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You are here: Home Archive 1993 Dürre und Dürremanagement in Australien am Beispiel der Grossen Dürre von 1991/92

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Dürre und Dürremanagement in Australien am Beispiel der Grossen Dürre von 1991/92

DOI: 10.3112/erdkunde.1993.04.05
Year: 1993
Vol: 47
Issue: 4
Pages: 301-313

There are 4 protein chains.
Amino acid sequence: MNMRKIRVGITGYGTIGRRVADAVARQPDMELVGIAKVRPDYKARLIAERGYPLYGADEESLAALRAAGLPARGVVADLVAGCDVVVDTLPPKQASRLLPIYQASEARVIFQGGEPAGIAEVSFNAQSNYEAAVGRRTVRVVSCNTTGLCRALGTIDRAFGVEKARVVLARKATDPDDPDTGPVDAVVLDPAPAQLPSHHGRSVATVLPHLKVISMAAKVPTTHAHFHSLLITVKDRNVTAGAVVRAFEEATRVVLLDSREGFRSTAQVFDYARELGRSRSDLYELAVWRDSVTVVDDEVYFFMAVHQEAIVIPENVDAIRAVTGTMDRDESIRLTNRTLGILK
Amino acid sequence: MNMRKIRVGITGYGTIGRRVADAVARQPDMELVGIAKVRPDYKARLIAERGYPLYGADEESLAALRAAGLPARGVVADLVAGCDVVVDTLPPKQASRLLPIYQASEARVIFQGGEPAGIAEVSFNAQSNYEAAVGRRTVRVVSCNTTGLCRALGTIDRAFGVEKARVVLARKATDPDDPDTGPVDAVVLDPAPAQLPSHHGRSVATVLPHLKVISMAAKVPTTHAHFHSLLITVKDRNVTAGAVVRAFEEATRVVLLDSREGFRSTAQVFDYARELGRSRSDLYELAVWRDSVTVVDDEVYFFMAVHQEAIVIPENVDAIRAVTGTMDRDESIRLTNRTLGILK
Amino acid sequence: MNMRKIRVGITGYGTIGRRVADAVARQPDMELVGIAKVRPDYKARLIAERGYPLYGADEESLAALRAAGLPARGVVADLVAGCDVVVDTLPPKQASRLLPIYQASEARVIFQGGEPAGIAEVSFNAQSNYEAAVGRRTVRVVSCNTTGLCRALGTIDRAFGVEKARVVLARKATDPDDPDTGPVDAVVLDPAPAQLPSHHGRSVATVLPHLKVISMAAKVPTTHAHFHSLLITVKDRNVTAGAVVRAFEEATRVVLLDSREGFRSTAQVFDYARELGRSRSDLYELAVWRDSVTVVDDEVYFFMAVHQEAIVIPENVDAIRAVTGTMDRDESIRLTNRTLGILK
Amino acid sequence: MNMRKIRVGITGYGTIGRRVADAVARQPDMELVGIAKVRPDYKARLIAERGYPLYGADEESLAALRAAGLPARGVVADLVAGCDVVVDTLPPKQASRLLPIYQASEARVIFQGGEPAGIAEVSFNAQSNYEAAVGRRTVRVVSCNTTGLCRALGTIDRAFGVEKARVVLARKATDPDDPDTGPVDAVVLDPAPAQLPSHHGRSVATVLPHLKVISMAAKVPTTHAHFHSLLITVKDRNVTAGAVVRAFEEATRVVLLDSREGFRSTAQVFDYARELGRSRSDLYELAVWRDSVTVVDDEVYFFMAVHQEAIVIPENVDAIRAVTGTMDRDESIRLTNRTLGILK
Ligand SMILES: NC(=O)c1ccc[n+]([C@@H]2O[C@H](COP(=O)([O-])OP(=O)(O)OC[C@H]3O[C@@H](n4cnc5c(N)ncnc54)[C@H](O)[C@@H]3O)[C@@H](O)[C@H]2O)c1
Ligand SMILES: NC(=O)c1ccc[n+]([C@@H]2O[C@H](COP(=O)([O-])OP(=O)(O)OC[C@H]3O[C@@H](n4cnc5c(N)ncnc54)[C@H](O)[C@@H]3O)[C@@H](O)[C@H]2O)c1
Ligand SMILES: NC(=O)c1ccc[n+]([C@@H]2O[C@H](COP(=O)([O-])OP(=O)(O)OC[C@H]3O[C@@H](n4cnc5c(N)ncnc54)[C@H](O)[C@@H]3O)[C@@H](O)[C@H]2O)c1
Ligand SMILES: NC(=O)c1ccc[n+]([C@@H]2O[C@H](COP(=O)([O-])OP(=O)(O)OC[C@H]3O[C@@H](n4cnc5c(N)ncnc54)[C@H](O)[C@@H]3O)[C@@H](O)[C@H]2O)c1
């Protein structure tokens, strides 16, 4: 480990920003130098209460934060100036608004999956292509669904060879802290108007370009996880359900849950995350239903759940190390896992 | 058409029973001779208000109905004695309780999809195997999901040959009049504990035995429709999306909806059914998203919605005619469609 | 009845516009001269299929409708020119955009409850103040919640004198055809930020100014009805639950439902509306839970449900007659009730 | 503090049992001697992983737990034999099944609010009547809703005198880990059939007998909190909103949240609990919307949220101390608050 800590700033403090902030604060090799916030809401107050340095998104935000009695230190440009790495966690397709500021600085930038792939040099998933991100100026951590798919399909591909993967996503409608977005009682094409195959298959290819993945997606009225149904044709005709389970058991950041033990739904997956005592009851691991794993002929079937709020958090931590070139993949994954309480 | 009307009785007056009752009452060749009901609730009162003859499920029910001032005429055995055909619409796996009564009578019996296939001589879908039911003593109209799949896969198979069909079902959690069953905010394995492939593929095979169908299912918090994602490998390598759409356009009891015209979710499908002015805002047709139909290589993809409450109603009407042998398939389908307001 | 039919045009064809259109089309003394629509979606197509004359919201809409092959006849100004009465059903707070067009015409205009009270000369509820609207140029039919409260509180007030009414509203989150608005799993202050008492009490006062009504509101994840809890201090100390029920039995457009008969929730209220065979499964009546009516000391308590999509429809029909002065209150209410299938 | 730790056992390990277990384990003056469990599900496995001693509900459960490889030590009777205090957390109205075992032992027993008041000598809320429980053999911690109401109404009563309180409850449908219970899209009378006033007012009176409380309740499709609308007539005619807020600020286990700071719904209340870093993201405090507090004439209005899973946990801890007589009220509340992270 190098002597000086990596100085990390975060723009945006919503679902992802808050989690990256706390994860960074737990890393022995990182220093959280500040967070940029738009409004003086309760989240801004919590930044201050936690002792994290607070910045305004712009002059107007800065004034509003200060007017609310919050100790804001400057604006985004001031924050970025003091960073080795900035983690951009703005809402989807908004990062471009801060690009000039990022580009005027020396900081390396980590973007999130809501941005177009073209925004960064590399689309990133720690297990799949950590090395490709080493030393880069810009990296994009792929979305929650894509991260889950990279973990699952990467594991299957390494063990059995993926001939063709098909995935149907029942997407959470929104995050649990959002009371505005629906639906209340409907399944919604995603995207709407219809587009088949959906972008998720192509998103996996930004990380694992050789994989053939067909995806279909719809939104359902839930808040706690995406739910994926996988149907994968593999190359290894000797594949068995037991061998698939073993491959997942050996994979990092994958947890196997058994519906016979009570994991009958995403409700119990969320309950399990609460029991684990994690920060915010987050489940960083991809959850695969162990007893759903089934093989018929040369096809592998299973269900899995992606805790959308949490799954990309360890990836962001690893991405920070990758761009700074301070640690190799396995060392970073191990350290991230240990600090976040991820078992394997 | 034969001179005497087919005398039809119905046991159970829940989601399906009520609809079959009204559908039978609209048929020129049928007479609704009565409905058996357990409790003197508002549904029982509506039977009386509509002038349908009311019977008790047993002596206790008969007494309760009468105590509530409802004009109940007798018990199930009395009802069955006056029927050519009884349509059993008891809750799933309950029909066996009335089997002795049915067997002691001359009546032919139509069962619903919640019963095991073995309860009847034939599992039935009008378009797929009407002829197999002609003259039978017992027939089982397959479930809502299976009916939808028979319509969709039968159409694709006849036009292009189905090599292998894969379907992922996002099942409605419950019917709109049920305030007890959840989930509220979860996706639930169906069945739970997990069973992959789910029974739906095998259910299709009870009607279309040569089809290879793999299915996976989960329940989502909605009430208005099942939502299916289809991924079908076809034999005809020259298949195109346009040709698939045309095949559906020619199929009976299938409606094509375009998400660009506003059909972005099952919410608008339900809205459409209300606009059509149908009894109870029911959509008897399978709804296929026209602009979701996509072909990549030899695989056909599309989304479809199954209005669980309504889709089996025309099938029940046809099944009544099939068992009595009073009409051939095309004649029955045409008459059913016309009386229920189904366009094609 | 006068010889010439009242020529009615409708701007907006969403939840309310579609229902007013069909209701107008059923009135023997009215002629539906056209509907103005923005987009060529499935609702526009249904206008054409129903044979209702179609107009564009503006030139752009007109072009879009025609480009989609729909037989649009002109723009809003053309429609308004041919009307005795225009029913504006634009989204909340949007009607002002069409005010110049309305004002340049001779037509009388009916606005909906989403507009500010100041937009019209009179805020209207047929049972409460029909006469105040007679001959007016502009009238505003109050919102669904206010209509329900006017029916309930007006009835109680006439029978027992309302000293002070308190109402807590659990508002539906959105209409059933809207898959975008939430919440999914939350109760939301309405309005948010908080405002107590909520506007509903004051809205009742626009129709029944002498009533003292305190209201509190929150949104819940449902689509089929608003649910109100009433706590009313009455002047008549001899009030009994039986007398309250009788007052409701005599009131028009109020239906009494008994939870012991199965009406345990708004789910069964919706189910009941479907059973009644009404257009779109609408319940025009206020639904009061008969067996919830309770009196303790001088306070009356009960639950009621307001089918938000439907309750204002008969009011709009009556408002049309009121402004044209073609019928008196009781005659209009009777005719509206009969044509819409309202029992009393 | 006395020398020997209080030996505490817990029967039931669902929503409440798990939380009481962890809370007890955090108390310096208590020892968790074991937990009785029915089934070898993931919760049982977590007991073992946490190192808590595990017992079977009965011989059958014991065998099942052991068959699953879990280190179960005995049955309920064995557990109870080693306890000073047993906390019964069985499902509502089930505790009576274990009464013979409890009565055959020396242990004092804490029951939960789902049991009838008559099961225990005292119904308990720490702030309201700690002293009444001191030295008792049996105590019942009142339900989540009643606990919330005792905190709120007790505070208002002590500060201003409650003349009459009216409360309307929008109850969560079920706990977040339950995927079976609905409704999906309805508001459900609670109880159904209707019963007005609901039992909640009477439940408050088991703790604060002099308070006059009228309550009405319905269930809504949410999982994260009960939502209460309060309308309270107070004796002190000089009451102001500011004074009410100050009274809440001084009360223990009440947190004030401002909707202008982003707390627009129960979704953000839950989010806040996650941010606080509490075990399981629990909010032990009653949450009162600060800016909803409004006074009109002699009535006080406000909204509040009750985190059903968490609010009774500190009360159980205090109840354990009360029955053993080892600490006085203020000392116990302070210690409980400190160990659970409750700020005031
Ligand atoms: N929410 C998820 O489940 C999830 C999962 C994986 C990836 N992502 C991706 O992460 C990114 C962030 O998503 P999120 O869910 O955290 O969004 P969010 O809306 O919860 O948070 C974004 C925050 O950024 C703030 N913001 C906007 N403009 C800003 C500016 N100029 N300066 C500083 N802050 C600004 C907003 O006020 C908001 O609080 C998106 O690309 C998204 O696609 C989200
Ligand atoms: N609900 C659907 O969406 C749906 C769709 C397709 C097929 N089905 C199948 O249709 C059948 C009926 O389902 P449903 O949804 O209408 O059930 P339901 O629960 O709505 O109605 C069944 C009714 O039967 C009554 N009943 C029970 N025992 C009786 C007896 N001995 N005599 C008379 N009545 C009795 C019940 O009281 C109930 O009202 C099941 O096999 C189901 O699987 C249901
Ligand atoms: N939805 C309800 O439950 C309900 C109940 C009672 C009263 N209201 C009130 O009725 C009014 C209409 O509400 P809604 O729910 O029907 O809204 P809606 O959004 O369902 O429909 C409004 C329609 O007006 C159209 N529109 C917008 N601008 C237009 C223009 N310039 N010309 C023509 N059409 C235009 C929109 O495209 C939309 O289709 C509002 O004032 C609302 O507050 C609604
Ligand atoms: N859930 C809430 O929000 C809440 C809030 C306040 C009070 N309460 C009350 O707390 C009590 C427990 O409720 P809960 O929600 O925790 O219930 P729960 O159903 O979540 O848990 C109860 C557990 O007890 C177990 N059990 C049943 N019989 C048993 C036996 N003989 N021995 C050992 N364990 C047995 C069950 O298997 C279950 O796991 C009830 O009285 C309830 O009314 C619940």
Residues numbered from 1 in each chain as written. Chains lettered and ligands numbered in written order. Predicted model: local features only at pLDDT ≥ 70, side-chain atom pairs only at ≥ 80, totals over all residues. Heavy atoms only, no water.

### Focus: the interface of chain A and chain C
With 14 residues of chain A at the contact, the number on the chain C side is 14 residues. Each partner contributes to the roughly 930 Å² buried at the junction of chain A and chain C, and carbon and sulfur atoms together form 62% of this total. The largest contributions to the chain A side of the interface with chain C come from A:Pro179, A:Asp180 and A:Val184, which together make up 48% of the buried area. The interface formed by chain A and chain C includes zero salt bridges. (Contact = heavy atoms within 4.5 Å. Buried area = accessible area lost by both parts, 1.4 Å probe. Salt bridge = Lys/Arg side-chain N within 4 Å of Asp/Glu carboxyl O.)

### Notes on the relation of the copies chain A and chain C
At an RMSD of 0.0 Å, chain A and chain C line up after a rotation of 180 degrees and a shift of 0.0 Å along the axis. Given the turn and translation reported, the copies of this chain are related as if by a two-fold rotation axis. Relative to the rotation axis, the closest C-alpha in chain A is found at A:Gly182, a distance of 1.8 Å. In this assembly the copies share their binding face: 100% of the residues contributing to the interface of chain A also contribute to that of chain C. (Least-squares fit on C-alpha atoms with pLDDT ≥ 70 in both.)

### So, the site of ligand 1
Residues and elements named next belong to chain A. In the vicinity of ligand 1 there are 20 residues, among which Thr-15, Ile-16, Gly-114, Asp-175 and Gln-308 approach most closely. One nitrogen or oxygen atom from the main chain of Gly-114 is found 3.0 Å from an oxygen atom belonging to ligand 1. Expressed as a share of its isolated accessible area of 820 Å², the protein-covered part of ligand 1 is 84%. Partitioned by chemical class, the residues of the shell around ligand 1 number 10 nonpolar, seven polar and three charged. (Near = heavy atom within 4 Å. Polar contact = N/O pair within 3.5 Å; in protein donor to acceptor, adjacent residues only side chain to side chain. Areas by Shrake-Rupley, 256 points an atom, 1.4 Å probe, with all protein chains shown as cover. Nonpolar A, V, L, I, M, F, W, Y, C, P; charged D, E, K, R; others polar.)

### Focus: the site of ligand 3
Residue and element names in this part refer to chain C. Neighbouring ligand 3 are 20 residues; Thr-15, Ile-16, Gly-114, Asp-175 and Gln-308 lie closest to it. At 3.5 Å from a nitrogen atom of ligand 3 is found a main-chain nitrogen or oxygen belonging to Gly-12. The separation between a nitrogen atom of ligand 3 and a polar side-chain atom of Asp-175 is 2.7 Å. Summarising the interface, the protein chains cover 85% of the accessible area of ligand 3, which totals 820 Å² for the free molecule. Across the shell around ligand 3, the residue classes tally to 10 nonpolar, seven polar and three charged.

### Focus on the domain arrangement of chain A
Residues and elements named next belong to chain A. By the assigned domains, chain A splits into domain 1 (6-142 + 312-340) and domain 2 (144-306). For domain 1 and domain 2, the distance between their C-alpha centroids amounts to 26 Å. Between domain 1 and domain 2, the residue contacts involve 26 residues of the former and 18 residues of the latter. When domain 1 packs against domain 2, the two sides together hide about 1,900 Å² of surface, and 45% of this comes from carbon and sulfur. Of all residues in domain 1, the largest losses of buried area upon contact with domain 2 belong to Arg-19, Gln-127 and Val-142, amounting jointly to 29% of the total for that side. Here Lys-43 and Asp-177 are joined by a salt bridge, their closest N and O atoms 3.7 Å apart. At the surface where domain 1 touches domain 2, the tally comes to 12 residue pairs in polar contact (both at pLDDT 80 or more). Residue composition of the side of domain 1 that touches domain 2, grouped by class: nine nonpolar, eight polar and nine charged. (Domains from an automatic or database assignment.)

Since 1864 Australia has been affected by 10 major droughts and 7 of lesser severity. The last one 1991/92 was centered in the sheep farming area of Western New South Wales and had a catastrophic character. It was aggravated by the ongoing eradication of perennial grasses by overstocking, rabbits and feral goats. The sheep stations, having even in average years only a profit below that of a middle class income, came into extreme economic difficulties, because wool and me at prices were very low and interest rates very high. The drought management which was developed in former droughts failed: even with the 50 % transport and interest subsidies by the government, the distances to transfer sheep to better areas, to markets, or to fetch forage were too far, the duration of the drought was too long (about 18 months), and the money needed too costly. On average 60 % of the sheep died or had to be shot. Several ranchers had to give up. The government has reviewed its drought policy: droughts must be included in calculations as a natural risk. In future subsidies are no longer given for transport of stock or fodder, but more interest subsidies on loans for economic improvements, especially increase of the stations with decrease of stocking rates (to rehabilitate pastures). Planting of saltbush and bluebush (Atriplex and Maireana sp.) is promising. "Income equalization" of good and bad years for tax purposes will be improved. More funds for information, especially drought warning by ENSO analysis, will be provided. In catastrophic, disastrous droughts interest free "carry on loans" will be granted, if economically justifiable; otherwise social help will be given. It is proposed that in rangelands a drought should be considered catastrophic if no or almost no growing conditions occur for more than 10 consecutive months over a season of expected growth, and if more than half of the affected area is so far from the markets that the transport costs of the animals are higher than the low sales price caused by the drought. A catastrophic drought becomes a disaster if the economic conditions are so bad at the same time that the ranchers are unable to overcome the drought on their own. Then the area has to get help, and if the country is overburdened even international assistance should be made available.


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